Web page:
I’m not ambitious enough to think there are enough cell biology bloggers out there for a carnival, but what other bloggers are discussing research articles or on-going research? I’m just asking, because, well, I’d like to send some link-love out to my cytological peeps.
To that end, here’s a brief round-up of blog posts on cell biology and related topics, that I’ve bookmarked in the past week…
Cellular Physiology Studied with Lab-on-a-Chip
- A team led by Marshal Porterfield, an associate professor at Purdue University’s Department of Agricultural and Biological Engineering, has fabricated a micro-electromechanical systems-based lab-on-a-chip which they have used for measuring the concentrations and fluxes of calcium ions around single cells.
- One of the things I’ve been working on in the last few months is simultaneous fluorescence and atomic force microscopy (AFM) of a variety of biological samples. I’ve talked about total internal reflection fluorescence microscopy, or TIRF, before and I’ve also shown you some AFM images of leaves and insect wings so I think the time is ripe to show you some work on combining the two.
- The full family tree of the species known as social amoebas has been plotted for the first time – a breakthrough which will provide important clues to the evolution of life on earth.
- The nucleus of a mammal cell is made up of component parts arranged in a pattern which can be predicted statistically, says new research published today. Scientists hope this discovery that parts of the inside of a cell nucleus are not arranged at random will give greater insight into how cells work and could eventually lead to a greater understanding of how they become dysfunctional in diseases like cancer.
- Regular readers know an interest of mine are infections that cause more than just the typical acute spectrum of disease. For example, I’ve written on the role microbes might play in obesity, or the role of viruses in chronic disease such as cancer and, of course, AIDS. Still, typically, infections are thought of as acute and self-limited; that is, they infect the individual, cause illness, and are resolved in a matter of days or weeks, even though we know that this doesn’t always happen. And increasingly, we’re finding that infections are associated with all kinds of long-term diseases or conditions, either causally or as a co-factor. A recent article highlights one area of investigation: how viral infections can influence memory problems.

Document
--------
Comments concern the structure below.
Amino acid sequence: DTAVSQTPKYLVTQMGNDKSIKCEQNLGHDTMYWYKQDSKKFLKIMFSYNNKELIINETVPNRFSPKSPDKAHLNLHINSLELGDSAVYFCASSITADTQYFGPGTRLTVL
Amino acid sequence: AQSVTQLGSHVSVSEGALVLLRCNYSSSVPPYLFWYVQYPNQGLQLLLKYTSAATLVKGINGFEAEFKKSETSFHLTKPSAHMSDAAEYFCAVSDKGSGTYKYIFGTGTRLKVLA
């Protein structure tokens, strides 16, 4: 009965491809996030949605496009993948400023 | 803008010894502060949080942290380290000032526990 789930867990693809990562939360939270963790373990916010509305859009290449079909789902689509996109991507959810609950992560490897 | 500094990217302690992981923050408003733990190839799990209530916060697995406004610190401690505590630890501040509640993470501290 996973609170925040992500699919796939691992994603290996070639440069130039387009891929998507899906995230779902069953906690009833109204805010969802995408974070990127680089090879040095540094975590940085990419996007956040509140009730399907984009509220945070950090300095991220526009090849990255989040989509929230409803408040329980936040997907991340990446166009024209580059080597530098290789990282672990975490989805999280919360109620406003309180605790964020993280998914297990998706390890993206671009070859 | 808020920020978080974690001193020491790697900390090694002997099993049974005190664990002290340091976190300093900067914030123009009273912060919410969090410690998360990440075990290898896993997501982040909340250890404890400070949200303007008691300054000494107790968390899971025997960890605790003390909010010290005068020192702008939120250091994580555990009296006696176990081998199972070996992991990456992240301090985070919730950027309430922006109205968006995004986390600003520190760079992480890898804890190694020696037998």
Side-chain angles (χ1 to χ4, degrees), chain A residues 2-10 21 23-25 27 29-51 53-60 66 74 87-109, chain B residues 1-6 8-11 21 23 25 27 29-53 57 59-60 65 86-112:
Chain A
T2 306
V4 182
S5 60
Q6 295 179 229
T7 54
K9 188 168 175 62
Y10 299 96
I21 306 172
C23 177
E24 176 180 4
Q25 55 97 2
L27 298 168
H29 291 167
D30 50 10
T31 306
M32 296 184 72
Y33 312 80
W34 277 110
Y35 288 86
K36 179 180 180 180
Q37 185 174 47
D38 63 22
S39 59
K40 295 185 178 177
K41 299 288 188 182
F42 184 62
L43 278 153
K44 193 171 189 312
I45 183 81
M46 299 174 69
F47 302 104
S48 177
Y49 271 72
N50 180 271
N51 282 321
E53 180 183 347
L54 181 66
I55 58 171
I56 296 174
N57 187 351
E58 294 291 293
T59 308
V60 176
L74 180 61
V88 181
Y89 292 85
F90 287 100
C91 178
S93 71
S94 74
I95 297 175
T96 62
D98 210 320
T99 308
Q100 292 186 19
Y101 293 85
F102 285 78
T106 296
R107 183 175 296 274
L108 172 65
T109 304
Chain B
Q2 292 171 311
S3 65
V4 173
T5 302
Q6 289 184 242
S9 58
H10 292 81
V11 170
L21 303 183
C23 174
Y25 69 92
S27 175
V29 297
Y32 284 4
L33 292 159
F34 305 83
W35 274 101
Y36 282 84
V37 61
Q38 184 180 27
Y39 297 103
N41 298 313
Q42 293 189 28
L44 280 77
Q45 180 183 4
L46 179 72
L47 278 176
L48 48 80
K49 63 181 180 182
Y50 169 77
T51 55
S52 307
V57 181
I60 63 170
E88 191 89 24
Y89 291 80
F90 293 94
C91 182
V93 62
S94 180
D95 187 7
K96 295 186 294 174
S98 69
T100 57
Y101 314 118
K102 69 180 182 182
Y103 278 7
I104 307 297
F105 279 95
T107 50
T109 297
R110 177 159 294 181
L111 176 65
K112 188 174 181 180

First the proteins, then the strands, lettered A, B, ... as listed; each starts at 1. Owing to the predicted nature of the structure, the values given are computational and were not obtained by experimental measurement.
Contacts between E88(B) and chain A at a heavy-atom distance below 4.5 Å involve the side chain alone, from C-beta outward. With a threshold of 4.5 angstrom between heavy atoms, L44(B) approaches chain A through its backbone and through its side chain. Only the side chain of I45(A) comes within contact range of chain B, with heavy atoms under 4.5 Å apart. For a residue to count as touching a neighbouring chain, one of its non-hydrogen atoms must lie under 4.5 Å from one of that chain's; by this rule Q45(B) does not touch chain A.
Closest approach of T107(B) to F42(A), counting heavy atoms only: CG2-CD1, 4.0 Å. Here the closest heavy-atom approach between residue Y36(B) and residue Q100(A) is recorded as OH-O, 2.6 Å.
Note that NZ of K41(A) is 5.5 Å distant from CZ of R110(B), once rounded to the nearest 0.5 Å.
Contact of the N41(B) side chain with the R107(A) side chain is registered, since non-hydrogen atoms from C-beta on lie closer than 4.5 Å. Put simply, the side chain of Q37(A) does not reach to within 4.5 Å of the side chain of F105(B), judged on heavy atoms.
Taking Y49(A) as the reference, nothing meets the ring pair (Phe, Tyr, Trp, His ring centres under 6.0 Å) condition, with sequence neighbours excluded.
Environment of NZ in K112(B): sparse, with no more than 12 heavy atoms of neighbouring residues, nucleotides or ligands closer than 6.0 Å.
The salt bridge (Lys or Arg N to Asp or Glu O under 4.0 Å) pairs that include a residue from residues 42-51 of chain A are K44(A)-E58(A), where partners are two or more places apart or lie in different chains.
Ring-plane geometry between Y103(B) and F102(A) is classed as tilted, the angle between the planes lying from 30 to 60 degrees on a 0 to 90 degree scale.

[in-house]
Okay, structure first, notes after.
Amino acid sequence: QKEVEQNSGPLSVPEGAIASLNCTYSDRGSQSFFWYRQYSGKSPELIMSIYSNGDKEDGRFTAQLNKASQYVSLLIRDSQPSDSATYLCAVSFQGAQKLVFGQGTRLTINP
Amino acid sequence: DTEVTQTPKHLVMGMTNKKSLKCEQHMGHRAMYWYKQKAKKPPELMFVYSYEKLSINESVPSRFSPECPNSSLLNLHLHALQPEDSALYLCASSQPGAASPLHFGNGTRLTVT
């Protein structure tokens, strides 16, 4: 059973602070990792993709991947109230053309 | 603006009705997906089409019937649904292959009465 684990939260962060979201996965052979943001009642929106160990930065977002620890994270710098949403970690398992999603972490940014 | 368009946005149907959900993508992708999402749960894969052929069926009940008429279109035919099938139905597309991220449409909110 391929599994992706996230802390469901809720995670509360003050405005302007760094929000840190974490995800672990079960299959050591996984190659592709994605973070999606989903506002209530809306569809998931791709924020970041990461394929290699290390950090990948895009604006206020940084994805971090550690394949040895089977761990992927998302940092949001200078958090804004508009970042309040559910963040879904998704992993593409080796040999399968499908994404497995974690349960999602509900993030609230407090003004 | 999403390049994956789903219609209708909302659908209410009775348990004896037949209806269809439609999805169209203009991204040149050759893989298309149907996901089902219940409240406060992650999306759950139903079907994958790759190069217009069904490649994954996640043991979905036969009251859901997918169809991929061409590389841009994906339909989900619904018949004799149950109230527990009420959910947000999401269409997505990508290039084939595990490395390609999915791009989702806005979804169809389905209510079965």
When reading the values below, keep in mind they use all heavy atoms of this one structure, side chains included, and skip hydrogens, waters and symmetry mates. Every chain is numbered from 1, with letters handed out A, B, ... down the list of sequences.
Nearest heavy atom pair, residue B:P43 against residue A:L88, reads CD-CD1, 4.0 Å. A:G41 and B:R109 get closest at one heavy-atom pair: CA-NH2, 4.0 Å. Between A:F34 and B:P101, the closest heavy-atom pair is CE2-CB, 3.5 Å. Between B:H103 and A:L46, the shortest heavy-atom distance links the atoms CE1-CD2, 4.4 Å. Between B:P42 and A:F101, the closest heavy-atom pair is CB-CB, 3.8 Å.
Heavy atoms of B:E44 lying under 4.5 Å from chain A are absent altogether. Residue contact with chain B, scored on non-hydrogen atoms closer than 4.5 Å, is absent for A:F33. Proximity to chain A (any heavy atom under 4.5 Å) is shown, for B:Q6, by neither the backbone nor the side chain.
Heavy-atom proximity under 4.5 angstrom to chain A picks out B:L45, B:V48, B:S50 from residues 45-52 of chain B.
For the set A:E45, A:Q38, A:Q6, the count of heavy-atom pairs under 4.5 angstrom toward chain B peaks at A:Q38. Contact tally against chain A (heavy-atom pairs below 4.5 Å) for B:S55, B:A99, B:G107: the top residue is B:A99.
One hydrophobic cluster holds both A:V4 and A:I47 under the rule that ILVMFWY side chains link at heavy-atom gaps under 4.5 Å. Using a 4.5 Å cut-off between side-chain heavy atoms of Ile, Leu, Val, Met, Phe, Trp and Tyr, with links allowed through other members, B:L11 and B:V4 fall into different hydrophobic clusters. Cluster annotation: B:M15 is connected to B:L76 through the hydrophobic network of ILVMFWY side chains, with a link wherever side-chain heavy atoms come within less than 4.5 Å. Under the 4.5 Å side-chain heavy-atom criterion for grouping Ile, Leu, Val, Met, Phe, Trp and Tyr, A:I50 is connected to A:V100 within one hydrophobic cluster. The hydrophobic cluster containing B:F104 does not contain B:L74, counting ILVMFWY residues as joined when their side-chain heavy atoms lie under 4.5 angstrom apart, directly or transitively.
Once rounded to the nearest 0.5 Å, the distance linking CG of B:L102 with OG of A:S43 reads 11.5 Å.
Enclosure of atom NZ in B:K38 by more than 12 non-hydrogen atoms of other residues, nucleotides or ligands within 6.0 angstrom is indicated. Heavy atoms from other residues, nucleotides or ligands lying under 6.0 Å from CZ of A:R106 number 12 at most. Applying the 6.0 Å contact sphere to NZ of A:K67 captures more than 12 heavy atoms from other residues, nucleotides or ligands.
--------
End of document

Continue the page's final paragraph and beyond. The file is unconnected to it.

- At that same meeting over the past weekend, I heard Tim Mitchison give an interesting talk about mitosis and pharmacogenetics. For any of you who don’t know, Tim’s lab has been at the fore front of analyzing how the mitotic spindle operates. Tim was the first to visualize microtubules, the major constituents of the spindle, in a live cell. In his seminar, he led us on a tour of 20 years of thought about mitosis.
- Magnetoreception is one of the most fascinating sensory modalities in living organisms. Most of the work has been done in homing pigeons, migrating birds and salmon. More recently, work has been done in mammals and fruitflies. But this sense is not limited only to the most complex organisms – it is found in a number of bacterial species…